Taylor Swift deepfakes inspire a call for legislation
Explicit deepfaked images of Taylor Swift were shared and viewed millions of times on social media over the weekend. The AI-generated pictures were shared across the platforms X, Facebook, Instagram, Reddit and Telegram. Legislators have since called upon Congress to tighten laws around the creation and sharing of explicit fake images and videos.
X made a statement that it was “actively removing” the images and taking “appropriate actions” against the accounts involved in spreading them.
However, politicians say that those actions do not go far enough. US Representative Joe Morelle called the sharing of the images “appalling”.
Most of the images were apparently removed immediately after publication. However, one image was able to be viewed a staggering 47 million times before being taken down.
The platform formerly known as Twitter has also disabled any searches that include the words “Taylor Swift” and “AI”.
New laws needed
There are currently no laws in the US that forbid the creation or sharing of deepfaked material. However, other countries, such as the UK, have successfully created legislation to prevent deepfaked pornography as part of online safety acts.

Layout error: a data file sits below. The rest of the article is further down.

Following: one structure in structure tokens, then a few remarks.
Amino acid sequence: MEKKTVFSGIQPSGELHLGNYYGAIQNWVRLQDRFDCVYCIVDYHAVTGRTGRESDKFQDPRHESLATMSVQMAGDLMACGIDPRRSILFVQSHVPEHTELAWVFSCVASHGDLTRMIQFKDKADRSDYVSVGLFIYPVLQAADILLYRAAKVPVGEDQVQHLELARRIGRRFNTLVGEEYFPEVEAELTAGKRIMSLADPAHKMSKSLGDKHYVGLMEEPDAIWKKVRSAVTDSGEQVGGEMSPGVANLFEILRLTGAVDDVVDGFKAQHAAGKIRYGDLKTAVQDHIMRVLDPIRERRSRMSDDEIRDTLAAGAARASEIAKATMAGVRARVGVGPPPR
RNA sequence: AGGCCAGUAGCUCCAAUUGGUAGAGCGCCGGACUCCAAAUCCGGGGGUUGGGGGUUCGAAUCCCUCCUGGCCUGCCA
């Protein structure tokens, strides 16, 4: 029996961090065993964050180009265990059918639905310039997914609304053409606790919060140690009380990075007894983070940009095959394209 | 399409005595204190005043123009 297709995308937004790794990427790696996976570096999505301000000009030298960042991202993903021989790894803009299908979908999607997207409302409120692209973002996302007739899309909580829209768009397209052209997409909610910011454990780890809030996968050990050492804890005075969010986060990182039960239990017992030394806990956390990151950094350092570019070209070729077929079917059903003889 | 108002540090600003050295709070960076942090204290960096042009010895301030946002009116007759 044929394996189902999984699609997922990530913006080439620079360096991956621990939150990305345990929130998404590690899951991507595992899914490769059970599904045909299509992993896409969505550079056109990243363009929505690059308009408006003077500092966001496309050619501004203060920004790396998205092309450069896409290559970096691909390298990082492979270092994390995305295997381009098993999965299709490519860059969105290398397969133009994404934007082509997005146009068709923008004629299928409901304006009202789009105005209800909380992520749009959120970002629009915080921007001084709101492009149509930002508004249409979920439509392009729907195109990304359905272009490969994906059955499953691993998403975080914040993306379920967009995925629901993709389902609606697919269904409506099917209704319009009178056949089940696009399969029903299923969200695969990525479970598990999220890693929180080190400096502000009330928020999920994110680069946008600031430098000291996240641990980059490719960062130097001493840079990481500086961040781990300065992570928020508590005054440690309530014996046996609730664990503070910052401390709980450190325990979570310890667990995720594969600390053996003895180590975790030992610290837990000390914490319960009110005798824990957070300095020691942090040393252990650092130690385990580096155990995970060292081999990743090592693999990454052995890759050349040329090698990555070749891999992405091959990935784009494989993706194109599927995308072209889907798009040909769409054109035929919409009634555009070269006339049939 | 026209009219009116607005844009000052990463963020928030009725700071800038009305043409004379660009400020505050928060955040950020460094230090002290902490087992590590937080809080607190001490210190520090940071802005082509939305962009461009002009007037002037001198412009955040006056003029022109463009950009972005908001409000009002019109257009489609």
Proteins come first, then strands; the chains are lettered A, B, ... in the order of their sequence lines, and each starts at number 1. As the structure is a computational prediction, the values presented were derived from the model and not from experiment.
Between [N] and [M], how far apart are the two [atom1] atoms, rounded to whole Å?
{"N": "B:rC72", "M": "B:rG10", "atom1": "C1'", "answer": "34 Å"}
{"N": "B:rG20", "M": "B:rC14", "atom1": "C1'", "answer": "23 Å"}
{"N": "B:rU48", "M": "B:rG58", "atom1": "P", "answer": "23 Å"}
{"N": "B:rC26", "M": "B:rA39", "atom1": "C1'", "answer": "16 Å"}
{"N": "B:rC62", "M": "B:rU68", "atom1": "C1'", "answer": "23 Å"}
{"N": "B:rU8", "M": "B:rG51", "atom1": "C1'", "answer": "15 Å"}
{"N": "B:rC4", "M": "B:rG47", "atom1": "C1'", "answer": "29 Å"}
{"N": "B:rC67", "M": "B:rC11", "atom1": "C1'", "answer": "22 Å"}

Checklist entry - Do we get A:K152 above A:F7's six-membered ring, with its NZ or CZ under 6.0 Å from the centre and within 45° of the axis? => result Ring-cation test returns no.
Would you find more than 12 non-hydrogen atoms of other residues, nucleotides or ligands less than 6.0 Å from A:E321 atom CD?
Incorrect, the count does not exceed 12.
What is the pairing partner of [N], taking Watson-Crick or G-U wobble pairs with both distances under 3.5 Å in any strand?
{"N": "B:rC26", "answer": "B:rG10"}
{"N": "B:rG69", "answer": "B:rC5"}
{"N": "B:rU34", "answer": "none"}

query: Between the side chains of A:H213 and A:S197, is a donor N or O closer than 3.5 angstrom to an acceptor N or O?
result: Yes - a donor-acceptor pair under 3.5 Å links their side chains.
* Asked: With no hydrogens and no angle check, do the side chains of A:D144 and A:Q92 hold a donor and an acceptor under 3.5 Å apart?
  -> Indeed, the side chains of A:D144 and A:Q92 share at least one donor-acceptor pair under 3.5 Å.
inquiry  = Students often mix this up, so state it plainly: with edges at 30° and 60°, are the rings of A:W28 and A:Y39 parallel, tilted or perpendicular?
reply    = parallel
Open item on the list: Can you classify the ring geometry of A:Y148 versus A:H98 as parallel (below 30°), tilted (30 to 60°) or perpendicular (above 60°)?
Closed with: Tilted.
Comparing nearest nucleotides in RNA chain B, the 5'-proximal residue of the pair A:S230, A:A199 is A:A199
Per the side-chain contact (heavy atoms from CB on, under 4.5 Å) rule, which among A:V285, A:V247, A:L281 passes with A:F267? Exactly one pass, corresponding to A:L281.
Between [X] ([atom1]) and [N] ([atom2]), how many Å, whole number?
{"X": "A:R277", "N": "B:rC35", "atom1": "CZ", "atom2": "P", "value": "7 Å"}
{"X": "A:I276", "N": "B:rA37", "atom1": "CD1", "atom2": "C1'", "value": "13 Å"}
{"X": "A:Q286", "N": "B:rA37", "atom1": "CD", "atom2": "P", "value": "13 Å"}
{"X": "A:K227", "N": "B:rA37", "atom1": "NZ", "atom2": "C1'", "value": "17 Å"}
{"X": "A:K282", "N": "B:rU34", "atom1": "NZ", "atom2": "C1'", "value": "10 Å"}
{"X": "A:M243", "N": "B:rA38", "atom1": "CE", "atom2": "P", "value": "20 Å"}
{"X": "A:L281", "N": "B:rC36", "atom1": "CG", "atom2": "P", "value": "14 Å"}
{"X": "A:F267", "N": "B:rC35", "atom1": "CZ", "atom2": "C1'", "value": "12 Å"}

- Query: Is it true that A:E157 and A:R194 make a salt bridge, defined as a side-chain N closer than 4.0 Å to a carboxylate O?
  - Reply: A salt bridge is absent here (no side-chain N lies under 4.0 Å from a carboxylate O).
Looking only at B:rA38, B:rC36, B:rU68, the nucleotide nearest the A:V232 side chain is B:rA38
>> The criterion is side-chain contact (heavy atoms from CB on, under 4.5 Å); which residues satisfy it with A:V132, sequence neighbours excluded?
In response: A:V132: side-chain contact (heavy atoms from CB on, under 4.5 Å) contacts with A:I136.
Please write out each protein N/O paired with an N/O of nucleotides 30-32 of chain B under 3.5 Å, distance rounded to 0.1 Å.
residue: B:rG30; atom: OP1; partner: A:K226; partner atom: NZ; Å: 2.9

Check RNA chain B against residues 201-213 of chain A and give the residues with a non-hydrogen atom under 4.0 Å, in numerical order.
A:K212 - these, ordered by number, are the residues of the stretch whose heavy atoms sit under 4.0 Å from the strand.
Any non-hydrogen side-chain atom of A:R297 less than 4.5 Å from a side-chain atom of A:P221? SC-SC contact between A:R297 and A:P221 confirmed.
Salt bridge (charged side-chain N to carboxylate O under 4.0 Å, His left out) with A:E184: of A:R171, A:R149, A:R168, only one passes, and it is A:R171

Morelle called for immediate action, saying that the images and videos “cause irrevocable emotional, financial, and reputational harm – and unfortunately, women are disproportionately impacted”.
Swift herself has not made any public statements regarding the images. However, according to The Daily Mail, her team is “considering legal action” against the site which published the images.
The growing issue of deepfakes
Deepfakes have been a growing issue over the past year or so, with several celebrities finding themselves victims. Last year both Tom Hanks and Scarlett Johansson found their images being faked without their knowledge or consent.
For Hanks, it was a more innocent dental advertisement. For women, a darker story emerges where it is more common to find them placed in pornographic situations.
Even the Pope found himself the target of AI fake images when he was depicted wearing a white puffer jacket. The image quickly went viral, and the Pope himself addressed the urgency of the problem in his address last week.
Of course, it’s not just celebrities who are finding themselves in compromising and fake positions. The real potential for deepfakes to cause havoc is in the political world. With around sixty different countries expecting major political elections this year, this issue is serious and needs to be placed top of the agenda.
Image credit: Eva Rinaldi
[via BBC news]
Alex Baker is a portrait and lifestyle driven photographer based in Valencia, Spain. She works on a range of projects from commercial to fine art and has had work featured in publications such as The Daily Mail, Conde Nast Traveller and El Mundo, and has exhibited work across Europe